September 18, 2013 — A federal appeals court has reversed some parts of a lower court ruling that struck down a 1997 Louisiana law (R.S. 9:2800.12) that allowed lawsuits against abortion providers to proceed without a prior review process, the Louisiana Record reports (Phillips, Louisiana Record, 9/16).
Last year, U.S. District Judge Ginger Berrigan struck down the law, saying it was unconstitutionally vague and would impose an undue burden on women seeking abortion care by forcing responsible abortion providers out of business.
Under Louisiana malpractice laws, lawsuits cannot go to trial until they are reviewed by a state medical malpractice board to determine if the doctor was negligent or provided poor care. The state limits monetary awards in such suits to $500,000.
The 1997 law amended the state's liability law -- which does not cap monetary awards -- to allow suits alleging damages from an abortion to go directly to trial.
The Center for Reproductive Rights challenged the law in 2007 on behalf of two doctors and five clinics after a medical malpractice review board refused to hear a negligence suit against an abortion provider. While CRR's case was pending, the state's Patient Compensation Fund reviewed the allegations against the provider and found no negligence had occurred (Women's Health Policy Report, 3/30/2012).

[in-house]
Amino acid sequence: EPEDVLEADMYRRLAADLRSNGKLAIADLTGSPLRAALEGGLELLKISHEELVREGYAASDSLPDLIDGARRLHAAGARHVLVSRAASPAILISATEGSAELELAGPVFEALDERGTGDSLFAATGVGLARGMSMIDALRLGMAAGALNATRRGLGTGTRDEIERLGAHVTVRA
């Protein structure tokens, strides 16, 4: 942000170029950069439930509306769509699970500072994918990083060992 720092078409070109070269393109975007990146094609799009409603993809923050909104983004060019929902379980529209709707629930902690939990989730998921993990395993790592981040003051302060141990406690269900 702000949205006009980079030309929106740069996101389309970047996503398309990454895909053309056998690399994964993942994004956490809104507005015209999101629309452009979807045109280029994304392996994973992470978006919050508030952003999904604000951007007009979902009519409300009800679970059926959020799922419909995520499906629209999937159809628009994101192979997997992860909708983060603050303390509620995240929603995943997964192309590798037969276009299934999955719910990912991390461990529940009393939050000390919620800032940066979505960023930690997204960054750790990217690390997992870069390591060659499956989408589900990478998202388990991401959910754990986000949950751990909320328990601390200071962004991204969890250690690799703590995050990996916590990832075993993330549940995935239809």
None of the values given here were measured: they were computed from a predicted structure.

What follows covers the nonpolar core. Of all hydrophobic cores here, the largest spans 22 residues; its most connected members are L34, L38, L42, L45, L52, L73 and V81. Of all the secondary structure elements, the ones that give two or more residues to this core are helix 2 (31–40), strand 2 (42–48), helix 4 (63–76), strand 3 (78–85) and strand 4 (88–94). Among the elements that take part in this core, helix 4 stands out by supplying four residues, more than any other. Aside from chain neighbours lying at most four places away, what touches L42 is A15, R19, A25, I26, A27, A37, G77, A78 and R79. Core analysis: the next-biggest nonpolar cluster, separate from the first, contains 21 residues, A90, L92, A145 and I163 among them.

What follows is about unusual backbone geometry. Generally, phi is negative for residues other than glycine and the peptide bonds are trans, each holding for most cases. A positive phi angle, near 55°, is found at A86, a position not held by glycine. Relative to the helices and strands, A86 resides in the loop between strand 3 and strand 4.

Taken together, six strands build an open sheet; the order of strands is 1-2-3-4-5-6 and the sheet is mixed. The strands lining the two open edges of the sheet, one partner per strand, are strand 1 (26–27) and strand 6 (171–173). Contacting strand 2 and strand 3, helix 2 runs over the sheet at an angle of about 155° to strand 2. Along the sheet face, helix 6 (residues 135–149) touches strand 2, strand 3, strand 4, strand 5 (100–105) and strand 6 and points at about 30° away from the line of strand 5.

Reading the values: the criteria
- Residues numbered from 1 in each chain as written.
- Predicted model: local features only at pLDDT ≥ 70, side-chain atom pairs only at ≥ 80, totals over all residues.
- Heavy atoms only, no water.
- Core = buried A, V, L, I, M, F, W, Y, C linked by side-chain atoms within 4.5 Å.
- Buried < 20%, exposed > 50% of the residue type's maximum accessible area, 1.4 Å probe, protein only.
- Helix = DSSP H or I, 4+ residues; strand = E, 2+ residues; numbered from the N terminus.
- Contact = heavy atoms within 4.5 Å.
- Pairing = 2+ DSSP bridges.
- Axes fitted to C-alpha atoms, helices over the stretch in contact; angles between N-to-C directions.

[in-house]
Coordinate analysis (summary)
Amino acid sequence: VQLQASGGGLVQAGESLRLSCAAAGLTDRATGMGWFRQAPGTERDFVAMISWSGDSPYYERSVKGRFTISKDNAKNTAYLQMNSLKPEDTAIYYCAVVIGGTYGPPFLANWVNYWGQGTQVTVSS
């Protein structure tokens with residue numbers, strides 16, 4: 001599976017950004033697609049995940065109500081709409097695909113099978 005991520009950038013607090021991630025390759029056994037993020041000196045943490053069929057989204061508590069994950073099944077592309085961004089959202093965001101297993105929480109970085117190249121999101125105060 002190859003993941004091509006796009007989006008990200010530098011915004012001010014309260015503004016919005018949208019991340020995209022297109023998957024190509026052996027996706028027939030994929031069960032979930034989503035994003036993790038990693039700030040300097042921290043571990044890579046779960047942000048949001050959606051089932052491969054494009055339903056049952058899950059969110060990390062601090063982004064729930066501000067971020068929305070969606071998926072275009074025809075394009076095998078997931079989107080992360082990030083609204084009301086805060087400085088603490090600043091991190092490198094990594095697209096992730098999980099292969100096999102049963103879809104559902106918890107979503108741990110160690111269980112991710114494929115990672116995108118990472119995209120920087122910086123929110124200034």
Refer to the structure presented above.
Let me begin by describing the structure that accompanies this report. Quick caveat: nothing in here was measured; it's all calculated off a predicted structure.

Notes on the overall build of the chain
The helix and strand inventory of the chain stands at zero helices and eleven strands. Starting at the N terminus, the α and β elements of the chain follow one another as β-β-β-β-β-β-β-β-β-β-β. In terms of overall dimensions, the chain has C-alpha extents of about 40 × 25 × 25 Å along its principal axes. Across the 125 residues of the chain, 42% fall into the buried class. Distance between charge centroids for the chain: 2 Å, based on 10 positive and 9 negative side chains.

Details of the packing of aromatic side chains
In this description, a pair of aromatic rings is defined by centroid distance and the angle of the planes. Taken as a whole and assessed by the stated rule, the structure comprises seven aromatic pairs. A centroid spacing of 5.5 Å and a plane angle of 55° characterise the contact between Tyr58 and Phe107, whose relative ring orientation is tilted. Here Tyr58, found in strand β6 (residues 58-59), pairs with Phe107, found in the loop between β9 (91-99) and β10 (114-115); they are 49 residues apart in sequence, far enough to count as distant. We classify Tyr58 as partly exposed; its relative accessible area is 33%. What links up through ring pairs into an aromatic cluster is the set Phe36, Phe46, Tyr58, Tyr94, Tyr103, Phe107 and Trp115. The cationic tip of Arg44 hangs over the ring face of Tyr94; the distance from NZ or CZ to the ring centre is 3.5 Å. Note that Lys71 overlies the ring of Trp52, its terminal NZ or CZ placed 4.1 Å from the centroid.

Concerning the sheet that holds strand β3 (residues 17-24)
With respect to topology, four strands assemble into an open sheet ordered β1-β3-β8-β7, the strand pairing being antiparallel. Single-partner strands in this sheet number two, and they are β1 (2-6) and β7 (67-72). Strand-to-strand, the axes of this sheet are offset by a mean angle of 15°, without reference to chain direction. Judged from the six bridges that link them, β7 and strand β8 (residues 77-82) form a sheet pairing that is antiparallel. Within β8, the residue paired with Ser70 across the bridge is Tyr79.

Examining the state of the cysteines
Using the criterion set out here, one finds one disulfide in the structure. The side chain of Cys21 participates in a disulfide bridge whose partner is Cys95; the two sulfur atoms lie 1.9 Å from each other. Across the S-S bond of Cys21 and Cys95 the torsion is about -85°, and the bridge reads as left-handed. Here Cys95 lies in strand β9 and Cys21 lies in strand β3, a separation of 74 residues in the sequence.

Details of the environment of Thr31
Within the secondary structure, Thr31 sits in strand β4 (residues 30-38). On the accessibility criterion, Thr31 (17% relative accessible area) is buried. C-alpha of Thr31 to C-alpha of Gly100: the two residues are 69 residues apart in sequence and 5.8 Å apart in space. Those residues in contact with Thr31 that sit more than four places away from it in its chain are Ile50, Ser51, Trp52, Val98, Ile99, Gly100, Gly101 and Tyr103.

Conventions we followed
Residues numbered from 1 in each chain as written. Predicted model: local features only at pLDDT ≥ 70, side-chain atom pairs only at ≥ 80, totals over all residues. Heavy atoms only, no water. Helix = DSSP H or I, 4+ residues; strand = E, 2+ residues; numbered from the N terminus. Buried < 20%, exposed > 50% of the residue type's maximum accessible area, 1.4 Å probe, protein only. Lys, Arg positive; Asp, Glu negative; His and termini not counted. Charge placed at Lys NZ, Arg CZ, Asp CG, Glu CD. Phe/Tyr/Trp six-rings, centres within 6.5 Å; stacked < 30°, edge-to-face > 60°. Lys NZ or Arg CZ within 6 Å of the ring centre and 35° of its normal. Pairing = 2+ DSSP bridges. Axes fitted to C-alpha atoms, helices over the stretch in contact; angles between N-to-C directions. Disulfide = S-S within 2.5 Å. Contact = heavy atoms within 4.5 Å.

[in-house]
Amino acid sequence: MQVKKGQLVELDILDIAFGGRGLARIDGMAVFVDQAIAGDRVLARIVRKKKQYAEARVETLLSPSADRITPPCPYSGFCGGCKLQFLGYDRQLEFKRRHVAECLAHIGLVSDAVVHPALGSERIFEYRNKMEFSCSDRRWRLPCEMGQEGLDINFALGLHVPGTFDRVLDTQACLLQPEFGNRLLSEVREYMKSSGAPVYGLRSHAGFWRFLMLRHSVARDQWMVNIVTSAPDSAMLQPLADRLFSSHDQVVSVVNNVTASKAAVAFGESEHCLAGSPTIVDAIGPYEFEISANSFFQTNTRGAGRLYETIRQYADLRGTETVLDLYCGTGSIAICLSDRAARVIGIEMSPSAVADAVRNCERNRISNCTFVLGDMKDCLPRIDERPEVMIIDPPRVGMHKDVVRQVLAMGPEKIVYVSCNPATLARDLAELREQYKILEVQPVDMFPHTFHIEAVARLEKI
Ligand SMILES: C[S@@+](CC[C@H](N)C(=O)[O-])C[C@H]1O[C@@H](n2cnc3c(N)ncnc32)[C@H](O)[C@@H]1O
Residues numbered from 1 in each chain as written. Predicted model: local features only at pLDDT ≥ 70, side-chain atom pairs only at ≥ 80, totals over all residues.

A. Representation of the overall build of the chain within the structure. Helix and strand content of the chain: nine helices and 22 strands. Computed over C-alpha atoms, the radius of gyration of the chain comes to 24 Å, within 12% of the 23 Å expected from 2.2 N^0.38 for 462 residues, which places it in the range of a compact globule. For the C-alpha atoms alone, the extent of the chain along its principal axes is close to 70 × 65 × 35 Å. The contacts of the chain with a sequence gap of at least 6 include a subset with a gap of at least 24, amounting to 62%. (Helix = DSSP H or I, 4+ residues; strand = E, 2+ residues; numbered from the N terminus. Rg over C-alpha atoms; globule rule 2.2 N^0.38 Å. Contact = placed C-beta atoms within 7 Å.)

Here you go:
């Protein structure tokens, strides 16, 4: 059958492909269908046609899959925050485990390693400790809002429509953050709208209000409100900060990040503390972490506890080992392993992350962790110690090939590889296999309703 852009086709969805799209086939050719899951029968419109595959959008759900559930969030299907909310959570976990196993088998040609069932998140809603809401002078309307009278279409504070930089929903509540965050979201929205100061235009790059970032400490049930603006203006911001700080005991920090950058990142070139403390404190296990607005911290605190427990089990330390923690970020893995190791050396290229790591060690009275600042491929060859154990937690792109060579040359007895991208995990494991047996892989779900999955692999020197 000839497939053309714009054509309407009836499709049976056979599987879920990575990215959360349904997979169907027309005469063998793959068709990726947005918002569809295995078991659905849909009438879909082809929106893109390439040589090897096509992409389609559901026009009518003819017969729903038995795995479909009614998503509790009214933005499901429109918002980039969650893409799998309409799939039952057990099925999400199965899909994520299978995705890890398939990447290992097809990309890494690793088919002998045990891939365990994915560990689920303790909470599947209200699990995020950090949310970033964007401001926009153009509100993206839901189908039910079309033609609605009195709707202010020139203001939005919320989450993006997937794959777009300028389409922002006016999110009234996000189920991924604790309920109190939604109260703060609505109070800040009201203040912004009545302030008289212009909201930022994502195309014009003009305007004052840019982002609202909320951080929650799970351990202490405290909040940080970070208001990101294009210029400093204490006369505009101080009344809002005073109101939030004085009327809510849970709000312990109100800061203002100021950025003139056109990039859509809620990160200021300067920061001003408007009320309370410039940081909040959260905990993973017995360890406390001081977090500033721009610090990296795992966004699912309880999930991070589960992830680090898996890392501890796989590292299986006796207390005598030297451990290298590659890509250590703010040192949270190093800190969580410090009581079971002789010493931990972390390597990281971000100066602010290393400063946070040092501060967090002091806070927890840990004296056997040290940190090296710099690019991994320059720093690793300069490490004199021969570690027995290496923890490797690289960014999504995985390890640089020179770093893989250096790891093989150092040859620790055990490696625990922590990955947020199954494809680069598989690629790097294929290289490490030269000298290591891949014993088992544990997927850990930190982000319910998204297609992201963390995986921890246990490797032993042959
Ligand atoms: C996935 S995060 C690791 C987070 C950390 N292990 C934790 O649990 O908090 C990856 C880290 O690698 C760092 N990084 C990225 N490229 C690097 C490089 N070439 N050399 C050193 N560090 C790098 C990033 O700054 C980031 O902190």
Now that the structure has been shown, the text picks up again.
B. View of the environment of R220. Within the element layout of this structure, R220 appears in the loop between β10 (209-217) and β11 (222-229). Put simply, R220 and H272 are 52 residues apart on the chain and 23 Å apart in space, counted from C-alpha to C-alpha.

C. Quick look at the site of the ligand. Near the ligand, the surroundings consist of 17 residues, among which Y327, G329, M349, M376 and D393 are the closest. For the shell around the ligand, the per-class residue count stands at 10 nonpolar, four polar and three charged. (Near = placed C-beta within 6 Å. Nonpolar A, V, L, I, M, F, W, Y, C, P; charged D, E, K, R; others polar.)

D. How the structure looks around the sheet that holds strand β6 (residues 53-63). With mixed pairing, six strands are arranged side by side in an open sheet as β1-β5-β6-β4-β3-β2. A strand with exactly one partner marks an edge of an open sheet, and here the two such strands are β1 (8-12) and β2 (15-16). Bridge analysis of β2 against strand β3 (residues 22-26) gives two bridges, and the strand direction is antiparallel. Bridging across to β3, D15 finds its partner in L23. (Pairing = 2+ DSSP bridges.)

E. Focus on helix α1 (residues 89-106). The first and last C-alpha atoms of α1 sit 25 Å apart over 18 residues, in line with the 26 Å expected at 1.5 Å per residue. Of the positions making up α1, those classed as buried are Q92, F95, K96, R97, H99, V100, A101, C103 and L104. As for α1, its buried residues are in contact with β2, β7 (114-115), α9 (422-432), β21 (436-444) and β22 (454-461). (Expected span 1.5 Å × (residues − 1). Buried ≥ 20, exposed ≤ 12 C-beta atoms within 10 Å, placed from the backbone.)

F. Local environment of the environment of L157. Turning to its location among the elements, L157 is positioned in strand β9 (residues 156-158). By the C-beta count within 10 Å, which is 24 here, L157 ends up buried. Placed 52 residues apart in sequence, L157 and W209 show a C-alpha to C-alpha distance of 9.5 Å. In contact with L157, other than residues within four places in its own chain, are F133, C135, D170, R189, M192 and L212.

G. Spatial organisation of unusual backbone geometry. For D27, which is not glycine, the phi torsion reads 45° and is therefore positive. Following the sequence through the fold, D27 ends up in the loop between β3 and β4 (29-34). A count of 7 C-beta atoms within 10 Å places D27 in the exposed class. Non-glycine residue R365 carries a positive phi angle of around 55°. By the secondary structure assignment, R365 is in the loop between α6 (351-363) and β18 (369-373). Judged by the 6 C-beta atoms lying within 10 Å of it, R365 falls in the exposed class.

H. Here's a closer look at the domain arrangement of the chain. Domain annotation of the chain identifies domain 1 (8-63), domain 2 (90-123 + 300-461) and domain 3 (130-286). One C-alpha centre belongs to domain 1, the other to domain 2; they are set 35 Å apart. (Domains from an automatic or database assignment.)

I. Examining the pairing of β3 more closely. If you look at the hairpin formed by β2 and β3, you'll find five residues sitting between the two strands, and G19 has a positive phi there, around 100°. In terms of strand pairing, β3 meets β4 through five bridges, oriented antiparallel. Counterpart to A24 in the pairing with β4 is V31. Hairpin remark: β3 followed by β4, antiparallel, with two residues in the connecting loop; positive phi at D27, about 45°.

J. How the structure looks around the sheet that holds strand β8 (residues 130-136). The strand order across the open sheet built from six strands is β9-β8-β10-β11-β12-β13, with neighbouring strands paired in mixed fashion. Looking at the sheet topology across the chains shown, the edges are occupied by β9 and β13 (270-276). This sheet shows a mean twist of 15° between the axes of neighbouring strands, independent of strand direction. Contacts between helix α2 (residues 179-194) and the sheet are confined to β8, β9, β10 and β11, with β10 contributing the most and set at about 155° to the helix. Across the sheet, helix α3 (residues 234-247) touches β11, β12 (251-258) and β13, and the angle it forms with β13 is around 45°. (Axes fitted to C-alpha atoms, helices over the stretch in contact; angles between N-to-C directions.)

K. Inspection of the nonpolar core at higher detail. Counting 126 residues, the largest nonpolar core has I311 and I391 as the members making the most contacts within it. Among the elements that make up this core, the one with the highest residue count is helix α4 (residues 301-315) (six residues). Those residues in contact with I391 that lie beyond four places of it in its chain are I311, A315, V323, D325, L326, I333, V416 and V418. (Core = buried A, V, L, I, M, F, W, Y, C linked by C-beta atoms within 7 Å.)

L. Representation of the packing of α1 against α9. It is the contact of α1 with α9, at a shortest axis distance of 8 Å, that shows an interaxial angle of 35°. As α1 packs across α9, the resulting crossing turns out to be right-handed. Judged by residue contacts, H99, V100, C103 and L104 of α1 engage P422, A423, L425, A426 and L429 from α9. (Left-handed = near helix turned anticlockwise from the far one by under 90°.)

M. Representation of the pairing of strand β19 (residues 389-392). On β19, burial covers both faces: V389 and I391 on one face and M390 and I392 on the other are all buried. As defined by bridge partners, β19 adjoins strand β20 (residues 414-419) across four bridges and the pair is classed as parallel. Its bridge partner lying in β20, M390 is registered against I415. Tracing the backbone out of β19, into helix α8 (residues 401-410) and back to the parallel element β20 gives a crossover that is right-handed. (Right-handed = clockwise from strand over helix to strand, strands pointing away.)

The defendants -- Louisiana Patient's Compensation Fund Oversight Board -- appealed the decision, arguing that the plaintiffs had no standing in their claims.
Appeals Court's Ruling
In its decision, the appeals court agreed with the defendants that the plaintiffs lacked standing to challenge a subsection of the law that they claimed is unconstitutionally vague. The court said the defendants are not responsible for enforcing their actions and that "relief directed to the Board Parties will not redress the Providers' injury."
However, the court ruled that the proceedings are not moot and that the plaintiffs have merit to challenge the law (Louisiana Record, 9/16).